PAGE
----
From April 13 to April 27, 1996, the [petitioner] went on a robbery spree through south Sacramento. His standard method of operation, which he used most of the time, was to enter a store, approach a cashier, calmly state that he had a gun, obtain cash in a bag and walk out of the store. He commonly used a yellow Cadillac for transportation. We give details of some of the robberies as they became relevant to the discuss, but this is a summary of the counts of which the jury found him guilty.

CountDate of CrimeStoreCrime Count 1April 13, 1996Famous FootwearRobbery Count 2April 14, 1996Payless ShoesRobbery Count 4April 15, 1996Montgomery WardRobbery Count 5April 16, 1996Mervyn'sRobbery Count 6April 19, 1996Famous FootwearAttempted Robbery Count 8April 21, 1996Payless DrugsRobbery Count 9April 22, 1996Payless DrugsRobbery Count 10April 25, 1996Mervyn'sRobbery Count 11April 26, 1996SearsRobbery Count 12April 27, 1996Payless ShoesRobbery

Count 3 (attempted robbery) was dismissed on a prosecution motion during the trial. Count 7 (robbery) was dismissed on a prosecution motion after the trial court granted a new trial on that count.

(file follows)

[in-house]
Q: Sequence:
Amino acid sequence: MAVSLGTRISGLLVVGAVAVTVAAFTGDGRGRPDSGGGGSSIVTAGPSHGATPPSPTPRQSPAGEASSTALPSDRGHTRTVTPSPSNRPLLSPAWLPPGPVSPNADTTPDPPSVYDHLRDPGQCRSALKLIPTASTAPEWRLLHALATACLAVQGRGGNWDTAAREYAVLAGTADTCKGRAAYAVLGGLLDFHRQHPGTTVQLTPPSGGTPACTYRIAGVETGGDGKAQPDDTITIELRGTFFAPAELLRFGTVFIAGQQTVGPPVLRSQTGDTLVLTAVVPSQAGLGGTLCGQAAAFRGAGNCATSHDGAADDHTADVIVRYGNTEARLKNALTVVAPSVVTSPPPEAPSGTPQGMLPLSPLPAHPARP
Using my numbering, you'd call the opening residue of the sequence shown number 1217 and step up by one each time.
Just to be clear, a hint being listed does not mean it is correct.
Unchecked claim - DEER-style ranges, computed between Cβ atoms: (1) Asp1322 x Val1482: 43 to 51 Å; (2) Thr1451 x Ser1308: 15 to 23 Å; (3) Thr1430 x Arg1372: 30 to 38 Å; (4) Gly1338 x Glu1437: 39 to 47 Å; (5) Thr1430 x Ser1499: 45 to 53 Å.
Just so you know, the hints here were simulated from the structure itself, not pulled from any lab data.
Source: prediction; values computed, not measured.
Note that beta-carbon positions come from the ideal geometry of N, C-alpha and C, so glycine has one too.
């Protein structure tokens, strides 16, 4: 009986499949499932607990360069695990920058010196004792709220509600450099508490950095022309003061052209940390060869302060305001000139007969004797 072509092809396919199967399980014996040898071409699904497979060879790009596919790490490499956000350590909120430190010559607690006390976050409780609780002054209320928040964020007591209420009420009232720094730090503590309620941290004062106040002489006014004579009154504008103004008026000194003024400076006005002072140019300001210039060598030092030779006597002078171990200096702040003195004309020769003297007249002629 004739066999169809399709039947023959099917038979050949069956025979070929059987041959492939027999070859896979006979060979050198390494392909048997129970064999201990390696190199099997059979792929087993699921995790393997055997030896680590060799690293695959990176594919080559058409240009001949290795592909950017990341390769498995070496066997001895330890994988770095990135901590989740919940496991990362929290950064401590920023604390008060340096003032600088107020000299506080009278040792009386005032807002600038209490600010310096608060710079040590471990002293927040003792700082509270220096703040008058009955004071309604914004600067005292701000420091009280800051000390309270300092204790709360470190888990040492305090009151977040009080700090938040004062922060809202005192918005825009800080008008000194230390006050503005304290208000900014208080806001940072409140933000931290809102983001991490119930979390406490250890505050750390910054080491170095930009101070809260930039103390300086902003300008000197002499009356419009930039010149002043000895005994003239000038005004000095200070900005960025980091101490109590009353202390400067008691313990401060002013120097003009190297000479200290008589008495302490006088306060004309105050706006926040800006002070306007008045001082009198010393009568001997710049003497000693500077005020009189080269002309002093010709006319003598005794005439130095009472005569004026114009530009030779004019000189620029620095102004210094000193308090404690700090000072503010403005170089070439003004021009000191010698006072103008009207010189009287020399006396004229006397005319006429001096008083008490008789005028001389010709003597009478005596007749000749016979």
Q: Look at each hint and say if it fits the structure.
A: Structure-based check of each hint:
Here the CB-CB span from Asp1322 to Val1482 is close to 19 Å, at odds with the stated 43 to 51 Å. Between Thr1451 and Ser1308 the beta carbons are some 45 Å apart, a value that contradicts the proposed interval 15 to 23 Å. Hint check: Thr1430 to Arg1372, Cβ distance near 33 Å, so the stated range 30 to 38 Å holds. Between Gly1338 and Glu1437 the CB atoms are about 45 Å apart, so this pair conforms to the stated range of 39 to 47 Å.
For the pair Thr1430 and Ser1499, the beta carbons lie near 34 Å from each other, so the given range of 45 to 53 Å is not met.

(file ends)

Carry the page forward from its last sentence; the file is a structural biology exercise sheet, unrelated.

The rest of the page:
(People v. Perridon, slip op. at 2.)


I. Standards for a Writ of Habeas Corpus

Federal habeas corpus relief is not available for any claim decided on the merits in state court proceedings unless the state court's adjudication of the claim:

(1) resulted in a decision that was contrary to, or involved an unreasonable application of, clearly established Federal law, as determined by the Supreme Court of the United States; or

(2) resulted in a decision that was based on an unreasonable determination of the facts in light of the evidence presented in the State court proceeding.

28 U.S.C. § 2254(d).

Under section 2254(d)(1), a state court decision is "contrary to" clearly established United States Supreme Court precedents if it applies a rule that contradicts the governing law set forth in Supreme Court cases, or if it confronts a set of facts that are materially indistinguishable from a decision of the Supreme Court and nevertheless arrives at different result. Early v. Packer, 537 U.S. 3, 7 (2002) (citing Williams v. Taylor, 529 U.S. 362, 405-406 (2000)).